Often, it’s not so much what you do but what you say. Here are a few examples of historical figures, some well-known, some not so much, who went faced with total disaster and even death, had the presence of mind to let loose with a verbal “Screw You” just to let the world know who was running things.
A female member of the Dutch resistance during World War II, Hannie had the bad luck to be captured less than a month before the German surrender. And since the Germans usually treated captured resistance fighters all the same way, torture followed by a swift execution, Hannie was resigned to her fate. On April 17, 1945 she was led by two men (one of whom was Karl Silberbauer, a Dutch SS staff sergeant who helped in the capture of Anne Frank and her family, ensuring him a special suite in hell) to a field for her execution. Both men fired their pistols and Hannie fell to the ground, and started laughing her ass off as she was only wounded. It was at this point she said to her executioners:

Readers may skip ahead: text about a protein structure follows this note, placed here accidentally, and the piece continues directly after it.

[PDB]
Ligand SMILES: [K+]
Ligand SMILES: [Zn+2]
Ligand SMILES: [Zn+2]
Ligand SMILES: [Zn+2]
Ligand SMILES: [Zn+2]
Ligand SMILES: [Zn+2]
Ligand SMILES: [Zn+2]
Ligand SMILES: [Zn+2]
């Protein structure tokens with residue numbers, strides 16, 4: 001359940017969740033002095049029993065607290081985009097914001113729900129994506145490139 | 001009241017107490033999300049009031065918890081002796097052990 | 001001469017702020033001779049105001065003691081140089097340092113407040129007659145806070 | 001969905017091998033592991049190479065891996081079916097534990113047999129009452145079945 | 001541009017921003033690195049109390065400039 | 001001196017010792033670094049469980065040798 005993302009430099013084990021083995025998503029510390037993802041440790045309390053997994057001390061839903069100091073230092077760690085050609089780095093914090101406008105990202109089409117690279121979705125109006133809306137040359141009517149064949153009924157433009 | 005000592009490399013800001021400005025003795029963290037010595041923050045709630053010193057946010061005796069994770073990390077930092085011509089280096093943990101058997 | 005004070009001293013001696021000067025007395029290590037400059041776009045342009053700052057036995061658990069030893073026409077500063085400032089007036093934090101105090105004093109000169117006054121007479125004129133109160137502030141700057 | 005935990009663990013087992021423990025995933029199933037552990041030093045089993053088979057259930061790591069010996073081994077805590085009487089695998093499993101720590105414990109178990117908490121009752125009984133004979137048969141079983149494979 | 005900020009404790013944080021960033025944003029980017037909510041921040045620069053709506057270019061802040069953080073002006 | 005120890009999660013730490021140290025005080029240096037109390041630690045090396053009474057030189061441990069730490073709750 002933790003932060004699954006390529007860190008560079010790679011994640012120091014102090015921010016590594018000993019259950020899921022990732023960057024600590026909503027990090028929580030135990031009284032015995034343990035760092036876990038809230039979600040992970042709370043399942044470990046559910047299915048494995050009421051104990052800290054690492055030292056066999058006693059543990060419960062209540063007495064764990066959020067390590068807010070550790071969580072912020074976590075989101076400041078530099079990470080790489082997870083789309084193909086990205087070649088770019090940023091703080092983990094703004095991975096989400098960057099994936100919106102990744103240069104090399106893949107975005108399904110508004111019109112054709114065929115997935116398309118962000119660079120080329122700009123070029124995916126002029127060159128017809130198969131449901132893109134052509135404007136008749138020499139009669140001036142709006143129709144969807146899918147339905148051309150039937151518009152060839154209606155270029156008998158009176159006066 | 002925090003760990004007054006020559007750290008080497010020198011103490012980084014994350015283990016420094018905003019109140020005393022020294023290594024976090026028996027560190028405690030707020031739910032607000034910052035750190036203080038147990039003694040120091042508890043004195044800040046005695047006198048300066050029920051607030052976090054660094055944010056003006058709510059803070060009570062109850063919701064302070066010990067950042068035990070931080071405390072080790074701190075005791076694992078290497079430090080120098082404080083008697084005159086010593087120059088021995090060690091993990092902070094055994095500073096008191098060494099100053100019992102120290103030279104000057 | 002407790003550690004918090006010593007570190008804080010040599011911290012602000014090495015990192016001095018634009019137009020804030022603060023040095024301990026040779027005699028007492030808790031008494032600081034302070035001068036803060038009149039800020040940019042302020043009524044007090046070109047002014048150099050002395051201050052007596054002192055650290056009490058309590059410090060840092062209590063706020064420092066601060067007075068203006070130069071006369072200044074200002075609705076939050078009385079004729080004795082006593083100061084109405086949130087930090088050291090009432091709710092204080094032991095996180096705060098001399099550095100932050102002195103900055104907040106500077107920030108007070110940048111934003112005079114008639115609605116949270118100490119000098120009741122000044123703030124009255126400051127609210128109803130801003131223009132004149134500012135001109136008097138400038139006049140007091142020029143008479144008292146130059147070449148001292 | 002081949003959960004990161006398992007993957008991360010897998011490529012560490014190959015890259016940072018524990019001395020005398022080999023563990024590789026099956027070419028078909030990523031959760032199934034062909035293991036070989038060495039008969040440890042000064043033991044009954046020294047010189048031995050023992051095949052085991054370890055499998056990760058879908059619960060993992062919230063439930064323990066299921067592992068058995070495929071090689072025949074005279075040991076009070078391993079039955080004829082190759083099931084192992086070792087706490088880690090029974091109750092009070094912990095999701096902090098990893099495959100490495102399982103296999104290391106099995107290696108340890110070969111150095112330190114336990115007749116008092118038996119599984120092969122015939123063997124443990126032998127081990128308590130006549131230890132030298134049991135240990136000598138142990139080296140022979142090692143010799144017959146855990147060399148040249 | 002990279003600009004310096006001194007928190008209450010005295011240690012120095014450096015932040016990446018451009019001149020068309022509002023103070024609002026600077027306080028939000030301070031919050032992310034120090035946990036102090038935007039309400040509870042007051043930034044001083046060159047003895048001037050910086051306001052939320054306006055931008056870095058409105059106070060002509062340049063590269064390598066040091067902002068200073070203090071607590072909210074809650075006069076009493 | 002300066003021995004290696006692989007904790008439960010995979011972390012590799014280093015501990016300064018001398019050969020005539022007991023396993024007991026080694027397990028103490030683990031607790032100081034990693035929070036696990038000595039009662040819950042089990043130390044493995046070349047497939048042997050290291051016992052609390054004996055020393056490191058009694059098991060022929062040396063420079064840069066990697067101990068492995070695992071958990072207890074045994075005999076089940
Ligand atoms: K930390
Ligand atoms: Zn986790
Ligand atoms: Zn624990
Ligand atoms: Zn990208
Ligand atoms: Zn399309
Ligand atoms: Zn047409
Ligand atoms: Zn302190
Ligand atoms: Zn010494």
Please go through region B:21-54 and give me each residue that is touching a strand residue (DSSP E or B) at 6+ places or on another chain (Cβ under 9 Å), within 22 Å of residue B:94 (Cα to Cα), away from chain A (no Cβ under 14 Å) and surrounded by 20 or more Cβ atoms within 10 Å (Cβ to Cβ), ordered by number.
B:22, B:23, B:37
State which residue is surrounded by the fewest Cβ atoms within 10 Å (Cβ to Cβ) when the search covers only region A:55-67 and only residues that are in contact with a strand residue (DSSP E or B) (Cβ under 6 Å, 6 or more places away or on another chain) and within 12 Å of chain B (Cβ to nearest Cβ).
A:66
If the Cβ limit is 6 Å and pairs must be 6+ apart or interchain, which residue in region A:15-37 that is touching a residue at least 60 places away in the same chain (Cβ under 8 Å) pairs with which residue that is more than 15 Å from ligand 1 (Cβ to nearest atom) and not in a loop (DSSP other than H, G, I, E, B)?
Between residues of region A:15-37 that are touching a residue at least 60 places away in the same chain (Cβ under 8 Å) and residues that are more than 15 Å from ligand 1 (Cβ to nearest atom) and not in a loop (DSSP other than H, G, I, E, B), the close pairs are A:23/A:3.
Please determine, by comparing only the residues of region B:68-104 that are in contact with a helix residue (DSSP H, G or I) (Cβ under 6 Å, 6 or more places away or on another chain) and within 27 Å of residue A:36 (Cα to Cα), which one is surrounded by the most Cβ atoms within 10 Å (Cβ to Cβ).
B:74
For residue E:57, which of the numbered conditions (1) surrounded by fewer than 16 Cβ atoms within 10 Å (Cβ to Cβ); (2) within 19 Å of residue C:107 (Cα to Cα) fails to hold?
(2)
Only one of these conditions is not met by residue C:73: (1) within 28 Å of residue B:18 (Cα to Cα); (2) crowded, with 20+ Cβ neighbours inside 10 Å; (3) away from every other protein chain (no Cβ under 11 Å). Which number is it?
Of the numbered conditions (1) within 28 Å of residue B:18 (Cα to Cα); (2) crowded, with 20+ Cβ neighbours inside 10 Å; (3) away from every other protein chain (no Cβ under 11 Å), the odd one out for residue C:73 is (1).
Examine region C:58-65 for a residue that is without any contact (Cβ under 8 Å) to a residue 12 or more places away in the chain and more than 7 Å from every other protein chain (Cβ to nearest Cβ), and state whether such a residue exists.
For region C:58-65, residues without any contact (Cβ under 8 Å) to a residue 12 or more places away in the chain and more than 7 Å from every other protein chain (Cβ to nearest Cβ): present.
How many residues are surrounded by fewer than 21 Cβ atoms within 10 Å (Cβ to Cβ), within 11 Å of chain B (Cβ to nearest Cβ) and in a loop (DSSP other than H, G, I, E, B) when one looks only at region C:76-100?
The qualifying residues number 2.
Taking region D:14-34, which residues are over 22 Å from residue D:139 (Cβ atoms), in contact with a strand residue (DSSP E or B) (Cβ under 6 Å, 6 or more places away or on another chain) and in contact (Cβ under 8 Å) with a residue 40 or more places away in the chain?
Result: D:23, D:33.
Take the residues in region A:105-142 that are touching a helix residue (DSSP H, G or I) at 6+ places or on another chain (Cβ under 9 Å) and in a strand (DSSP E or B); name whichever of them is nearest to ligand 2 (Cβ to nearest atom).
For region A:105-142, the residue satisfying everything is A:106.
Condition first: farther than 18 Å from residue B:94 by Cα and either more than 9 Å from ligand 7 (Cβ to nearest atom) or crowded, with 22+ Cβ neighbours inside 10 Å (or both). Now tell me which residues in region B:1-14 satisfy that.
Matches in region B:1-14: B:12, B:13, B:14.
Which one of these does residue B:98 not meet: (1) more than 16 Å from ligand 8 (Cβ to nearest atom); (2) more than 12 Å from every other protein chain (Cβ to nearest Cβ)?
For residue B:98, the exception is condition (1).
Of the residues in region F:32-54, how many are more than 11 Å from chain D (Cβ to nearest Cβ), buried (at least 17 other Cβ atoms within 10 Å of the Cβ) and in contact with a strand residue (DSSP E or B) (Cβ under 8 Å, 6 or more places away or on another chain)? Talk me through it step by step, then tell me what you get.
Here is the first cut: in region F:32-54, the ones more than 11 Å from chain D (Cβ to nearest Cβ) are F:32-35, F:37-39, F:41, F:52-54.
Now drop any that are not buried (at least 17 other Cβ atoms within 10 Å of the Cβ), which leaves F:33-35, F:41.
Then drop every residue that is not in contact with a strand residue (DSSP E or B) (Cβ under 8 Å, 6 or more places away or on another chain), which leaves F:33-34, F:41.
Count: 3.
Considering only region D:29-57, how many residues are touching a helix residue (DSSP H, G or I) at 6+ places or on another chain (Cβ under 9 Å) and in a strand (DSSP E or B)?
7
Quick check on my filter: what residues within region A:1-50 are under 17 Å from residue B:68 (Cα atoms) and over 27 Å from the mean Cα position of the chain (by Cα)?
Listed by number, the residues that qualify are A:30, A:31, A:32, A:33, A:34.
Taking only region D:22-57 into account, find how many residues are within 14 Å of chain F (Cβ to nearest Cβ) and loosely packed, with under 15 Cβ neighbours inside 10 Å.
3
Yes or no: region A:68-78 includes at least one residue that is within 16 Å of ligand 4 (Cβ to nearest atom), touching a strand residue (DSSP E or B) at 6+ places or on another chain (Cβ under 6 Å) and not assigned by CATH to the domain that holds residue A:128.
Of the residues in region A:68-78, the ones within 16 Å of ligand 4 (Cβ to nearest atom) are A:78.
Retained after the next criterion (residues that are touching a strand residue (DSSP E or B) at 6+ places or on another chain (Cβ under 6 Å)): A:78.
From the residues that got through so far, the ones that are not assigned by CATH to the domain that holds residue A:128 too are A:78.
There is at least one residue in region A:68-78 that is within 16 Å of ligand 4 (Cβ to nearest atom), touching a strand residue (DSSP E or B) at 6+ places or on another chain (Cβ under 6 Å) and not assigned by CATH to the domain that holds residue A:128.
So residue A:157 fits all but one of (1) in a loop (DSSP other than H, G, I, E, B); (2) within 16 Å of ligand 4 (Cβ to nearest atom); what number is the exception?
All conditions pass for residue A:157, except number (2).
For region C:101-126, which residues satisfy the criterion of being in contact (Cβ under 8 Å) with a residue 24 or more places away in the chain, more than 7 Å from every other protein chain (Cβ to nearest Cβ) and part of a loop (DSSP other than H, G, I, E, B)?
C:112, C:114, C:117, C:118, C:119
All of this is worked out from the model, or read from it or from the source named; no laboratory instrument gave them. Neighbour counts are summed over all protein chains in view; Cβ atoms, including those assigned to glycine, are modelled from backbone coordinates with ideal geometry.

“I shoot better.”
just prior to their second attempt, which was more successful. To this day their stands a memorial to Hannie Schaft near where she was killed. Legend says it includes the shriveled testicles of her killers.
Harry S. Truman
The 33rd President of the United States was one of the last politicians who wasn’t very “political” in the way he talked. A WW I combat veteran and big time player in the rough and tumble world of Missouri politics, old Harry wasn’t afraid to let the world know how he felt. When asked how to make friends in Washington he stated simply:
“You want a friend in Washington? Get a dog.”
And remember this was a man who once threatened, while serving as President mind you, to beat the crap out of Washington Post’s music critic Paul Hume who panned a piano recital by his daughter Margaret in a letter with the passage: “Some day I hope to meet you. When that happens you’ll need a new nose, a lot of beefsteak for black eyes, and perhaps a supporter below!”
Robert the Bruce